Tuesday, December 22, 2015

What Should You Do if a Customer Harasses Your Employee?

One of the most difficult scenarios any business could face is how to deal with a customer or client who is acting inappropriately. On the one hand, most companies have zero tolerance policies regarding harassment in the workplace. On the other hand, a business cannot exist without customers. A business who reprimands its customers may find itself without any pretty soon. What is a business to do?

Lessons can be learned from Costco, which recently found itself in such a position. One of its employees has been engaged in a lawsuit against the company, claiming that it maintained a hostile workplace because it permitted a customer to harass her. The employee alleged that a male customer consistently visited Costco while she was working and would make comments to her that made her feel uncomfortable. The customer allegedly made references to stalking, and commented that she “looked scared” when he approached her. 

After the employee complained to the store managers about the customer’s behavior, the managers met with the customer and told him to minimize his contact with the employee. This apparently did not work, as he allegedly continued to bother her, asking her “intimate questions” and hiding behind clothing and staring at her. After the employee caught the customer videotaping her, the Costco managers told him that it would be best if he stopped shopping at their Costco, which he apparently did. However, the customer spotted the employee shopping at another Costco and began yelling profanities at her loudly, which led Costco to revoke his membership and ban him from their stores.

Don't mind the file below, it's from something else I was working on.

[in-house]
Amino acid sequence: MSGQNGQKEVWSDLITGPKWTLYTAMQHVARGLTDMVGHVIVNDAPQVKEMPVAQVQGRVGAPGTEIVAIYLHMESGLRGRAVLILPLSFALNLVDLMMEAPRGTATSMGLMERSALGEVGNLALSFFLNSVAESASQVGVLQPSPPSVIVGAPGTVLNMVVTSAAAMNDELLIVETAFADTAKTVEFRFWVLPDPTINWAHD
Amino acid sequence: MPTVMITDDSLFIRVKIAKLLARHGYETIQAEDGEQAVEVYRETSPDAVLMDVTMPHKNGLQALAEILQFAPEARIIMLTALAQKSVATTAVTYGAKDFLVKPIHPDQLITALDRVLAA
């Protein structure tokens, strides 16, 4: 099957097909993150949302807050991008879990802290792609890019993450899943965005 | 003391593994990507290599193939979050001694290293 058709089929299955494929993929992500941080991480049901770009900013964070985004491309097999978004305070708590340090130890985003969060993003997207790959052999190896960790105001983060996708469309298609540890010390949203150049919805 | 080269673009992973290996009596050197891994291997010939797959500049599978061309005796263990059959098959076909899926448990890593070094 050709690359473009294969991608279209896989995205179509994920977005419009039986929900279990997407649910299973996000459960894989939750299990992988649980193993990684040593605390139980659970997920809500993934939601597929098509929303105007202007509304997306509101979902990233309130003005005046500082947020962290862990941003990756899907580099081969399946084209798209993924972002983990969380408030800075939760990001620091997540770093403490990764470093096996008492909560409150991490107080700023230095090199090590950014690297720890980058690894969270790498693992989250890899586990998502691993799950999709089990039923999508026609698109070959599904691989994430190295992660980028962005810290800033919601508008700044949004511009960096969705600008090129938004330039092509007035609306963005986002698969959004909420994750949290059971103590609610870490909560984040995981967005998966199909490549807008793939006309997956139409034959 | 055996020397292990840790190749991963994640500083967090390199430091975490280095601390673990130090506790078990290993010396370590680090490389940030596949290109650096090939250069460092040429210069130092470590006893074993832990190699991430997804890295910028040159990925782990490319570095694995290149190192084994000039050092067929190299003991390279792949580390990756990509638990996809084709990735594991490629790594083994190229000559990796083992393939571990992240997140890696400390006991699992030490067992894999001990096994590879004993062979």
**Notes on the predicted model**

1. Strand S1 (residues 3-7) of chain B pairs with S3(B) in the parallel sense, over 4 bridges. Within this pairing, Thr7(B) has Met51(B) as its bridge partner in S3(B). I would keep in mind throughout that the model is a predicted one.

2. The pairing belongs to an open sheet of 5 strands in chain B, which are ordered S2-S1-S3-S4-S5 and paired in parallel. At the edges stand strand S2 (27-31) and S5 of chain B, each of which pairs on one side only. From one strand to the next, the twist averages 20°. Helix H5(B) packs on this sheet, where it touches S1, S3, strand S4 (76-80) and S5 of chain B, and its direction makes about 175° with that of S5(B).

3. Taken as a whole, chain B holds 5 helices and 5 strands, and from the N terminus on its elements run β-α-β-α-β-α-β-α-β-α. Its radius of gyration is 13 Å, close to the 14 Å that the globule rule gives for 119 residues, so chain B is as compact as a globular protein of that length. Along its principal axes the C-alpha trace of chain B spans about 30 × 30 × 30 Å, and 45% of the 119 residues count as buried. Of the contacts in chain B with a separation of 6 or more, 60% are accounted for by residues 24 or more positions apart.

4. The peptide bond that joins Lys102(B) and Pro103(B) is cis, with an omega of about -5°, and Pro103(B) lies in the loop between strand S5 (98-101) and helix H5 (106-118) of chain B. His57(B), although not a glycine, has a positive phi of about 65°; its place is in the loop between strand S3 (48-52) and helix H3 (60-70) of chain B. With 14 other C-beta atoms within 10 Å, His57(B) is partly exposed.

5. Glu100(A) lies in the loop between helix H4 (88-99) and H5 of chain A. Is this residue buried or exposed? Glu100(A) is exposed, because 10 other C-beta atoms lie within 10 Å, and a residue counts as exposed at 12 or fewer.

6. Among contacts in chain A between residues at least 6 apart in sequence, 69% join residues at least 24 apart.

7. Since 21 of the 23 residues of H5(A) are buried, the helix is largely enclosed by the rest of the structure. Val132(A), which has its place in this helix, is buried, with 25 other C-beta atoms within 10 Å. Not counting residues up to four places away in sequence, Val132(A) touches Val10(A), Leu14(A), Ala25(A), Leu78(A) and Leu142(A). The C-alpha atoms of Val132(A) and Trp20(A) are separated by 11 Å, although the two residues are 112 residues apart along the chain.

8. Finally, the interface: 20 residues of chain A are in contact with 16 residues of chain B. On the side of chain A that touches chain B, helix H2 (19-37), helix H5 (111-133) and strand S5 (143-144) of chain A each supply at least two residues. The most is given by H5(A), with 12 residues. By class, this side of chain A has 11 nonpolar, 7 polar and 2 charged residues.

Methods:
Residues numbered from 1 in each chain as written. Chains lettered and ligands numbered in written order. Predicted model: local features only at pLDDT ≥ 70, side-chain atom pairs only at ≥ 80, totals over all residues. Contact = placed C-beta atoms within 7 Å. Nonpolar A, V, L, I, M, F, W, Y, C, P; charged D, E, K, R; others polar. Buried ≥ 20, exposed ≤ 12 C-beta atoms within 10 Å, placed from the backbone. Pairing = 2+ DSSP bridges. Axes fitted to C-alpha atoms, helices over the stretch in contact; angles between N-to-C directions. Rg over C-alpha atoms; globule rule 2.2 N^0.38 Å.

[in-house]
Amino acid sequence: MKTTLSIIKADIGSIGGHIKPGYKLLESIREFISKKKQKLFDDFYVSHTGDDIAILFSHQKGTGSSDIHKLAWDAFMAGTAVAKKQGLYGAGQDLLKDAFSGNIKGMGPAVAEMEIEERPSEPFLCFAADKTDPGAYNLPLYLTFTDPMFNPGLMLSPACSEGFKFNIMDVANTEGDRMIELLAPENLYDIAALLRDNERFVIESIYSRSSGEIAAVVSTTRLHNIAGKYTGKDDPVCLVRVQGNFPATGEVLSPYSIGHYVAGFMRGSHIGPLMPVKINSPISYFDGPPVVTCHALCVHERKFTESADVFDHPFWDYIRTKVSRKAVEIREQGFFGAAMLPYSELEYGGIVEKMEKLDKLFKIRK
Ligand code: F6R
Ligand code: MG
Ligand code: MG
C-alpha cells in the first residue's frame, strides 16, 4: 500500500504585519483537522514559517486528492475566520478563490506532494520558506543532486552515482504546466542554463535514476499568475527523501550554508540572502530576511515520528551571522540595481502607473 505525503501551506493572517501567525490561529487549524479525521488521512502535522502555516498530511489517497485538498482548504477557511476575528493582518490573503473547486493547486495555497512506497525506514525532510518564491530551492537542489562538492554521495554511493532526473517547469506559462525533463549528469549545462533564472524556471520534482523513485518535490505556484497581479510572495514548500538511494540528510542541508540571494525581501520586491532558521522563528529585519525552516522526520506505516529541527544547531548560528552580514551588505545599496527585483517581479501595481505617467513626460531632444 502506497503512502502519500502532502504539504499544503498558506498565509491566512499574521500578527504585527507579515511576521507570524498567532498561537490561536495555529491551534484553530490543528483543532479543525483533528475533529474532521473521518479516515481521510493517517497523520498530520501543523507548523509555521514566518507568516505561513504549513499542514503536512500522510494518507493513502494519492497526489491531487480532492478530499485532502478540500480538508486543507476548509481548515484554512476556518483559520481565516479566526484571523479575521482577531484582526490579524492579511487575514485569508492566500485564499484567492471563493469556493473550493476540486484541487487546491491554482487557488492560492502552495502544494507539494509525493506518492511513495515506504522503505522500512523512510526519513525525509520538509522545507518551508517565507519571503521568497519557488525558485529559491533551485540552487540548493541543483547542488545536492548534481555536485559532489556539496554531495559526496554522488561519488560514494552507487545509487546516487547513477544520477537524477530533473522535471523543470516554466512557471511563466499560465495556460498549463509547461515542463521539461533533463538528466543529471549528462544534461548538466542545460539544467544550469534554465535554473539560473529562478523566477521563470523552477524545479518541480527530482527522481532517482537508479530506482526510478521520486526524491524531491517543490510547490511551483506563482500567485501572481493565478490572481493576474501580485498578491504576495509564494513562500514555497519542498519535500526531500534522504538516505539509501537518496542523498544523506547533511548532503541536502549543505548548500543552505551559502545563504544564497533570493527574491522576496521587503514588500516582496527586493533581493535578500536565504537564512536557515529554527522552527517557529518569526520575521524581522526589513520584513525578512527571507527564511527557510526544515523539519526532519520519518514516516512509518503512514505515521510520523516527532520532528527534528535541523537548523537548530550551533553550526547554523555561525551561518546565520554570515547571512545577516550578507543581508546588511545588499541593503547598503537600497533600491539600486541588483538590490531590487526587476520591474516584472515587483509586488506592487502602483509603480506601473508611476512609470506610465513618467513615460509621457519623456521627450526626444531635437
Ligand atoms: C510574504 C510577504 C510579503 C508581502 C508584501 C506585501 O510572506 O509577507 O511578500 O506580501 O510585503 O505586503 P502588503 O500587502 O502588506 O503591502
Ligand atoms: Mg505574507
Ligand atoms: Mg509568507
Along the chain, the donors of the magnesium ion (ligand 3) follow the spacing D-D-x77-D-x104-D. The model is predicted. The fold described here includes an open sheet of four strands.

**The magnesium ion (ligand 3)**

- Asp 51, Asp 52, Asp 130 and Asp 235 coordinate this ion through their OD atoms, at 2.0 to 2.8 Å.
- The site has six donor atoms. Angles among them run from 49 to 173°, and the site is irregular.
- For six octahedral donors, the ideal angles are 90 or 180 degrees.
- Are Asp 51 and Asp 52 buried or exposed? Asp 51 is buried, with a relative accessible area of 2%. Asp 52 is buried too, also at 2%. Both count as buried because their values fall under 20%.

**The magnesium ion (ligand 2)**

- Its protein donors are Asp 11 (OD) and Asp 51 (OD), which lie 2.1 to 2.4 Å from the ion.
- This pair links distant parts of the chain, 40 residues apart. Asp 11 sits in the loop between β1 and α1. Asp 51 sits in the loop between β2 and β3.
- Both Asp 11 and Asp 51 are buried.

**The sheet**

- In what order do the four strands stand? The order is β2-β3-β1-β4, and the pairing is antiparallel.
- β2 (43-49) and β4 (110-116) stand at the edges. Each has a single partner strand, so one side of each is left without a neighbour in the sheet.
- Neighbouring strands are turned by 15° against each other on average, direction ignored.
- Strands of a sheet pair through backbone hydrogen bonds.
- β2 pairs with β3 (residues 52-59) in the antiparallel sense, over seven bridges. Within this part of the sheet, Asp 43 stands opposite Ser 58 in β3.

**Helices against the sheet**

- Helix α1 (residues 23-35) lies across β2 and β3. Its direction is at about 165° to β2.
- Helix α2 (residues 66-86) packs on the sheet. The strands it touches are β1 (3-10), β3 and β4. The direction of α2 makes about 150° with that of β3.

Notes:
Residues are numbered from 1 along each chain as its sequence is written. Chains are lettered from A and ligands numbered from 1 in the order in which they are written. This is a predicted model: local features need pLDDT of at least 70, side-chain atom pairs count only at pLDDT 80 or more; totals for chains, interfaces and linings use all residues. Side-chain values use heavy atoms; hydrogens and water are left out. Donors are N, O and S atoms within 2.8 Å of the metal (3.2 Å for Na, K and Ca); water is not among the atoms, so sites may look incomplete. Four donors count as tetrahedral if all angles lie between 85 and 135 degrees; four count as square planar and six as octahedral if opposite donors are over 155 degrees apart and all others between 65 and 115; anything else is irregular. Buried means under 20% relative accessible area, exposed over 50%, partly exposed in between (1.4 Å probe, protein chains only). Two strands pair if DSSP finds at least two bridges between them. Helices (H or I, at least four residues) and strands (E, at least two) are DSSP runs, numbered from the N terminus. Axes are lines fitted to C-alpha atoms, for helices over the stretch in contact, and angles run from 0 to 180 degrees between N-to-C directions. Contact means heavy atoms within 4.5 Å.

About a year prior to this, the Costco employee had taken a medical leave of absence, claiming, among other things, that she was scared to come to work because of the harassing customer. Once the employee had exhausted her medical leave, she refused to come back to work, which led Costco to fire her. 

The employee sued Costco, alleging that it subjected her to a hostile work environment by permitting the customer to harass her. A hostile work environment is one where an employee faces discriminatory intimidation, ridicule, and insult that is severe or pervasive and offensive. Employers have an obligation to prevent hostile work environments if they learn that one has been created.  

The employee claimed that Costco did not take action soon enough to prevent a hostile work environment. She claimed that her managers knew that the customer was harassing her, but they did not do enough to stop the harassment. The court ruled that there was enough evidence of a hostile work environment for a trial to proceed. 

So, what could Costco have done differently here? I should note, first, that Costco did a lot of things right. It maintained an anti-harassment policy that it taught to new hires during an orientation. It also maintained an “open door” policy that encouraged employees to contact any Costco manager to help them resolve a workplace problem, and, if need be, contact the corporation’s HR department. Costco also conducted annual training programs designed to provide employees about conduct that could violate its anti-harassment policies. All of these efforts are useful in rebutting claims of a hostile work environment. 

Despite these policies, it appears as though the Costco managers did not do enough to protect their employee. They probably should have banned the harassing customer from their store once they learned of his behavior. It is understandable, however, why they might have been unwilling to do this. “The customer is always right,” after all. Banning the customer right away may have led them to lose some money in the short run, as he, and perhaps his family and friends, would have stopped shopping at Costco. In the long run, however, Costco would have avoided the legal fees and potential judgment resulting from this lawsuit. 

Ultimately, employers should take a few things away from this case. First, they should follow Costco’s lead and have anti-harassment policies in place and provide their employees with anti-harassment training. Second, they should stand up to anyone engaging in harassment, including customers.